July 16, 2024
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Wrestling Camp as a Jewish Experience

In the world of Jewish sports, wrestling is unusual. The sport has no yeshiva league, nor an extensive network of institutions across the country like basketball does; and it stands out as the only true contact sport at Jewish schools. Keeping in line with the unusual na­ture of wrestling in the Jewish sphere, the sum­mer potential for involvement is also unique.

There are no religiously minded camps run for wrestling in the summer. So when partici­pants look for an instructional wrestling camp, at first the options appear almost nonexistent. No kosher food, no Jewish friends, no minyan, no shul. There is simply no structure present to support the kind of extra involvement many other sports at yeshivot can provide.

So when the TABC team looked for such a program, it had to look beyond the classic scope of camps. It came in contact with a program that was flexible enough and conveniently located in Allentown, Pennsylvania for two weeks in the sum­mer. The Chertow Wrestling camp, run by former Olympian Ken Chertow, was the right fit.

In a camp that typically held hundreds of wrestlers, an opportunity was found and ef­forts were made to enable yeshiva campers to stay over the course of one or even two weeks. Arrangements were made and kosher food was brought in pre-wrapped.

A Chabad synagogue was conveniently lo­cated a short walk from the location, and pro­vided a great opportunity for a minyan. With a rabbi who was willing to go to great lengths to work around the camp’s schedule, minyan times for both during the week and on Shab­bos were organized. As the number of Juda­ic-minded participants reached 20, a minyan was maintained every day. This arrangement proved to be an unusual link between a sport normally estranged from Jewish life and a ye­shiva presence.

The wrestlers hailed predominantly from metropolitan area schools like SAR or TABC, but this year, in an unusual turn of events, six boys came all the way from Ida Crown Jewish Academy in Chicago. The link all had to religion served as an imme­diate social connection. Soon enough, the divisions between schools, states, and are­as of the country broke down, and the par­ticipants melded into the “Yeshiva” group. Other campers responded positively to the group, seeing its bond of religion connect­ing people who recently had never known each other.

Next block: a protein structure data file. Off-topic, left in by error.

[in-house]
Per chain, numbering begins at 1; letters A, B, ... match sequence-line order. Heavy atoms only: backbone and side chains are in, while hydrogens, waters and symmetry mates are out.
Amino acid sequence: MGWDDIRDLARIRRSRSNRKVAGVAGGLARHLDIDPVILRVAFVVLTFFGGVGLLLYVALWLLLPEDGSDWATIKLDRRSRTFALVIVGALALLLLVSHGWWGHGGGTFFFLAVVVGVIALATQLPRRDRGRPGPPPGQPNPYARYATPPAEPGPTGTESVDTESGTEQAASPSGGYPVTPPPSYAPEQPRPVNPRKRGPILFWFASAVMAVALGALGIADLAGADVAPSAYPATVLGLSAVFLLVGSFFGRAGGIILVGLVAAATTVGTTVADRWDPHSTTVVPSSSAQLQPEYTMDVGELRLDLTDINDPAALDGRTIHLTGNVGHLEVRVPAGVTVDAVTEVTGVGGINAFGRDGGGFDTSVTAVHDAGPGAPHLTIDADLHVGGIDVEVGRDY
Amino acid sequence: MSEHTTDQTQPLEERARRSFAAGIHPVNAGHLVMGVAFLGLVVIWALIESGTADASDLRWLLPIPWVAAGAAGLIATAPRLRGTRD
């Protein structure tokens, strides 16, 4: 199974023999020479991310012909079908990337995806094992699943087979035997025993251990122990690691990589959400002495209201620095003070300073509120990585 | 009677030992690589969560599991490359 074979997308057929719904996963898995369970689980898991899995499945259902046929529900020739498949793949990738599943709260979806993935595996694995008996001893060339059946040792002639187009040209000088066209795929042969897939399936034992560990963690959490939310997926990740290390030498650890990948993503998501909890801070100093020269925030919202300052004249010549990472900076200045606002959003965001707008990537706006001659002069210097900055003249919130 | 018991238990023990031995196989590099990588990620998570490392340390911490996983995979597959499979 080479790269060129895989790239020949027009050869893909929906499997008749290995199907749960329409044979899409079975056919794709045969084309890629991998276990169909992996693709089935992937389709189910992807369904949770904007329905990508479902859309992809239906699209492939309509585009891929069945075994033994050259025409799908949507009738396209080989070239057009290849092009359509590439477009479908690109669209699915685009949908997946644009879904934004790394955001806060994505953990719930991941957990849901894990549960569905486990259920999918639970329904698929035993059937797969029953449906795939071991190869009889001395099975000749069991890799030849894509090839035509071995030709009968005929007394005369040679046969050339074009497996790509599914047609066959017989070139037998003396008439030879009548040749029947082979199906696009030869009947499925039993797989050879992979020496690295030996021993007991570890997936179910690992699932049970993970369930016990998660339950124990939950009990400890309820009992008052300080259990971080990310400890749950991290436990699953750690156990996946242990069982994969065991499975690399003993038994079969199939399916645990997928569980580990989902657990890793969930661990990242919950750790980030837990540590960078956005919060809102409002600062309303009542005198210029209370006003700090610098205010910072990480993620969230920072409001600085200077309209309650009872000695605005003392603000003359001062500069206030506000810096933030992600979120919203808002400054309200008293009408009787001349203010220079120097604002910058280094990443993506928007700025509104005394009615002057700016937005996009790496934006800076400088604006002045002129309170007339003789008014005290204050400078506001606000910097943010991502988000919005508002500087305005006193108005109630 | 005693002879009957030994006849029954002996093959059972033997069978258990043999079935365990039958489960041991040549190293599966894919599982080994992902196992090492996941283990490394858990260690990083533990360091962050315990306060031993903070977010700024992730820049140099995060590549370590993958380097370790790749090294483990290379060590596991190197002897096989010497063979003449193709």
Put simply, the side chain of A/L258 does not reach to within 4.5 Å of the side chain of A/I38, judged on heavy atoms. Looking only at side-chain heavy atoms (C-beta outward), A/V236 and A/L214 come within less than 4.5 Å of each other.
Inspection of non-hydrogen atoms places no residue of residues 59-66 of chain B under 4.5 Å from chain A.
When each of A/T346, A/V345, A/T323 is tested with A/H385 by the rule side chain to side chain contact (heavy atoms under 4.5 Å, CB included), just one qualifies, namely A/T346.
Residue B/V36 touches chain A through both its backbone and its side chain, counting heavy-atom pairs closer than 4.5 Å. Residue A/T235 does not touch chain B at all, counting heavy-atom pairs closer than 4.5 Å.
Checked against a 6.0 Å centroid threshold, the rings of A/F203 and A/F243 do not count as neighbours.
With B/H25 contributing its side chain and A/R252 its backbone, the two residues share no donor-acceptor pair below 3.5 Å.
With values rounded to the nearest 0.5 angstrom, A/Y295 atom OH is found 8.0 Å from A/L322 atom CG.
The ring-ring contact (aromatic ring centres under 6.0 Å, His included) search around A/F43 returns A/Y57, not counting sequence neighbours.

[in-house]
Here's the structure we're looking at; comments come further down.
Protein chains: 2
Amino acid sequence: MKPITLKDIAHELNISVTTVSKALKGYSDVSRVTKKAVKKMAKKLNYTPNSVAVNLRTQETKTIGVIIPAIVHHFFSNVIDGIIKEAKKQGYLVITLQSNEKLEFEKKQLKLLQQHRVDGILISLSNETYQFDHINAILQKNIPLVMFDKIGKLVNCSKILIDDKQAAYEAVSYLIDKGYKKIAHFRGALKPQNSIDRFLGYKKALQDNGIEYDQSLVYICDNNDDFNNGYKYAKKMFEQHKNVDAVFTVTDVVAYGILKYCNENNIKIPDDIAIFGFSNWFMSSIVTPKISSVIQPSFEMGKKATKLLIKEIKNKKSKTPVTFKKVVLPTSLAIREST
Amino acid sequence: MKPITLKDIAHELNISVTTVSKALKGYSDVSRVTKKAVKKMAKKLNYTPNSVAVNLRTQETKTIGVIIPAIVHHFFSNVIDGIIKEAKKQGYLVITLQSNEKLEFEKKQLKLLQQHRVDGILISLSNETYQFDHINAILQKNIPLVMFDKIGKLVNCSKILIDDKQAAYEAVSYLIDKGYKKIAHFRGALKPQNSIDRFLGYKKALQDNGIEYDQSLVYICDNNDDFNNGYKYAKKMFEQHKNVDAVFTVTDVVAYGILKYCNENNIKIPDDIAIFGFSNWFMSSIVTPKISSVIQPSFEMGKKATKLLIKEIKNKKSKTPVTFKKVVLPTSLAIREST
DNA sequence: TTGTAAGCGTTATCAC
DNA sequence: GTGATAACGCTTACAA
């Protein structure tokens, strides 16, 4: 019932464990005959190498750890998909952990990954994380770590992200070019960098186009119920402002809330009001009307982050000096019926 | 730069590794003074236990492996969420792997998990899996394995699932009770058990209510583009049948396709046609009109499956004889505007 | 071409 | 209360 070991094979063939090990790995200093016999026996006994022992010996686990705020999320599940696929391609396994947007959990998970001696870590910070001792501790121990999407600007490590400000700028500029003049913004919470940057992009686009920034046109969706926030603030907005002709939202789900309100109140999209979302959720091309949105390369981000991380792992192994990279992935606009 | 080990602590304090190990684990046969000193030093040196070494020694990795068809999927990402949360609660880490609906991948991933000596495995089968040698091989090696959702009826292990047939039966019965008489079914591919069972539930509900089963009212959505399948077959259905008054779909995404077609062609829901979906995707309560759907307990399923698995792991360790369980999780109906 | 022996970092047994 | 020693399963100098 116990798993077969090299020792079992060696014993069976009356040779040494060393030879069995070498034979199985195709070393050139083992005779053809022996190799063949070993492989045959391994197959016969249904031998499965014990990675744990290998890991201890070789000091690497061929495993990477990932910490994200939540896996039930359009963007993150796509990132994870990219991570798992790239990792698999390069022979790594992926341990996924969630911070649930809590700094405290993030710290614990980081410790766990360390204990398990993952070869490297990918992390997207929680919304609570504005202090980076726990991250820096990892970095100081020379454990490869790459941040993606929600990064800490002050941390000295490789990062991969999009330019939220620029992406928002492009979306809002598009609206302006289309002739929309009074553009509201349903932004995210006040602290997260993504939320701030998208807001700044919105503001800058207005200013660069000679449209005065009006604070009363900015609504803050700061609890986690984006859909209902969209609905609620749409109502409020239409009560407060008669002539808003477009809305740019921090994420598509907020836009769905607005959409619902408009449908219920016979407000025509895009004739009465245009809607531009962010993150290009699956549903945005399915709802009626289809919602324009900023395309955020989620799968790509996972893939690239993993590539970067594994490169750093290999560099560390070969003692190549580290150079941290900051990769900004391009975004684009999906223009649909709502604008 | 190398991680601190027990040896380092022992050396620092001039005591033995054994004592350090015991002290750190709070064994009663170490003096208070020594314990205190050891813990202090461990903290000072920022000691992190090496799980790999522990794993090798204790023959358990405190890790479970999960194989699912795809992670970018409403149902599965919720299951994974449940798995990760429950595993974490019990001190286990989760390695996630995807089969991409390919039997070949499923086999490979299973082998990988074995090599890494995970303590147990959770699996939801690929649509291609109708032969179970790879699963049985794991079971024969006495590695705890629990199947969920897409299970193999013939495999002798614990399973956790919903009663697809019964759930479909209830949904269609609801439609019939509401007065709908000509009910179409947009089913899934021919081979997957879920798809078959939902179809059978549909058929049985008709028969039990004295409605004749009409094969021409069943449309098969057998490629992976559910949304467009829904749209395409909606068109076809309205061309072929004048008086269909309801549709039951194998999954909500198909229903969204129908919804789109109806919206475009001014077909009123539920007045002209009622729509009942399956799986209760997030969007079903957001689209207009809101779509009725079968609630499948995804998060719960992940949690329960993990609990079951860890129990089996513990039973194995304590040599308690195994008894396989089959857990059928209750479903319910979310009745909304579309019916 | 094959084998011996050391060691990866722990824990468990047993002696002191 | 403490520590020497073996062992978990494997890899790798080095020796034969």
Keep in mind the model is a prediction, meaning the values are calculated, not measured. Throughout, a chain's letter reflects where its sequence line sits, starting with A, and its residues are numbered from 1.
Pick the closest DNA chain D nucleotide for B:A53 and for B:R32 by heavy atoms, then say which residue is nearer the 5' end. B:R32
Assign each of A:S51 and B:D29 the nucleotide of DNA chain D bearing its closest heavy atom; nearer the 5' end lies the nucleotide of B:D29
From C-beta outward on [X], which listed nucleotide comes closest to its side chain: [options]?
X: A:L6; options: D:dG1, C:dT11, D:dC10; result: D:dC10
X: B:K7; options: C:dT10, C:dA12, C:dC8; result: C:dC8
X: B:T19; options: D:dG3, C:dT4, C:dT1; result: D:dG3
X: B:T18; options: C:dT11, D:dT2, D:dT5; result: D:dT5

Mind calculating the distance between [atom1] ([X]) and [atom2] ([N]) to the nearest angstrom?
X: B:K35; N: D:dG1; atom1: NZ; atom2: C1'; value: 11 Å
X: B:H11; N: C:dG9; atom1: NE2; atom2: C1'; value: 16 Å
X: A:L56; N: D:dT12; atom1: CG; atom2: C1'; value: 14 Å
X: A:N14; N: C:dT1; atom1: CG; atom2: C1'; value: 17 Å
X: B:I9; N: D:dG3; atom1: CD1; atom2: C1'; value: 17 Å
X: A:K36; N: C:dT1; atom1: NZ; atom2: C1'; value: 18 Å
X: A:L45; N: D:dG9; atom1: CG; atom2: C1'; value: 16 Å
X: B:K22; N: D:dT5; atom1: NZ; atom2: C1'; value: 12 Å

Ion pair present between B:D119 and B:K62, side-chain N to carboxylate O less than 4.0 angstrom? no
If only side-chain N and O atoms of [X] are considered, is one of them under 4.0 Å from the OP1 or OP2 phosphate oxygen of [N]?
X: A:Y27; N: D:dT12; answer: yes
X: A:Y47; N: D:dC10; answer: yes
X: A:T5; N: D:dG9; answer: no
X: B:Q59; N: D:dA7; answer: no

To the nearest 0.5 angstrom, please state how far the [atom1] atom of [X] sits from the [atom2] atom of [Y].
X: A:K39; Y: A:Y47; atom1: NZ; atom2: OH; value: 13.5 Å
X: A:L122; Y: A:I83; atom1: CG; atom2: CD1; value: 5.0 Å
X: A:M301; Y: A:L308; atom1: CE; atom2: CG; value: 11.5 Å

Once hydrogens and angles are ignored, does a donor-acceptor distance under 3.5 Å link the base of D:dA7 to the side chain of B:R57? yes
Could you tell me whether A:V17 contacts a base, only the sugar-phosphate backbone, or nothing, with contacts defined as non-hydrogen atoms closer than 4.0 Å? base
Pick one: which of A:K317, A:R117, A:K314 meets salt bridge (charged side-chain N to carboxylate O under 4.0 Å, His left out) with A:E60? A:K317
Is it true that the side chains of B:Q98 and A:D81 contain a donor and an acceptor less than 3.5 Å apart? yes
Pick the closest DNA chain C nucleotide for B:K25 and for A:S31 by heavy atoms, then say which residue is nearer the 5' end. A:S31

Similar to Lefkowitz’s Social Orthodoxy concept, the unique connection the Yeshi­va group held enabled a sense of communi­ty in a place where many others felt isolat­ed. A public high wrestler said to after one practice that, “It’s really great you guys all connect to each other, it’s something really unique here.” Many wrestlers felt swamped by the number of people present, the in­timidating presence of some, and a social isolation limited to the individual’s particu­lar school and team. But luckily, the Yeshi­va group had no such limitations.

While wrestling does not have the kind of Jewish-run technique camps that other sports do, this absence does allow for something ben­eficial. By attending this wrestling camp, the religious cohorts were reminded of their spe­cial nature and religious gift—something of­ten forgotten in the Judaic bubble. Wrestling was only a shell, a cover, for that which sets the group apart in the world. From the regu­lar matches the yeshiva teams have with local public schools to the involvement in non-Jew­ish camps, there is an exposure and reiteration of the Jewish identity.

Wrestling is an opportunity to grapple, both literally and figuratively, with that which makes the Jewish nation special. There is no yeshiva league, no isolated sum­mer camps within which to hone the craft. Instead, participants absorb and engage be­yond that, strengthening their resolve and commitment to both life and its rigors.

Aaron Eckstein is a JLBC intern and a rising senior at TABC. This summer, he is also interning at Assembly­man Schaer’s office (36th district) and previously at­tended the Tikvah Summer Institute.

By Aaron Eckstein

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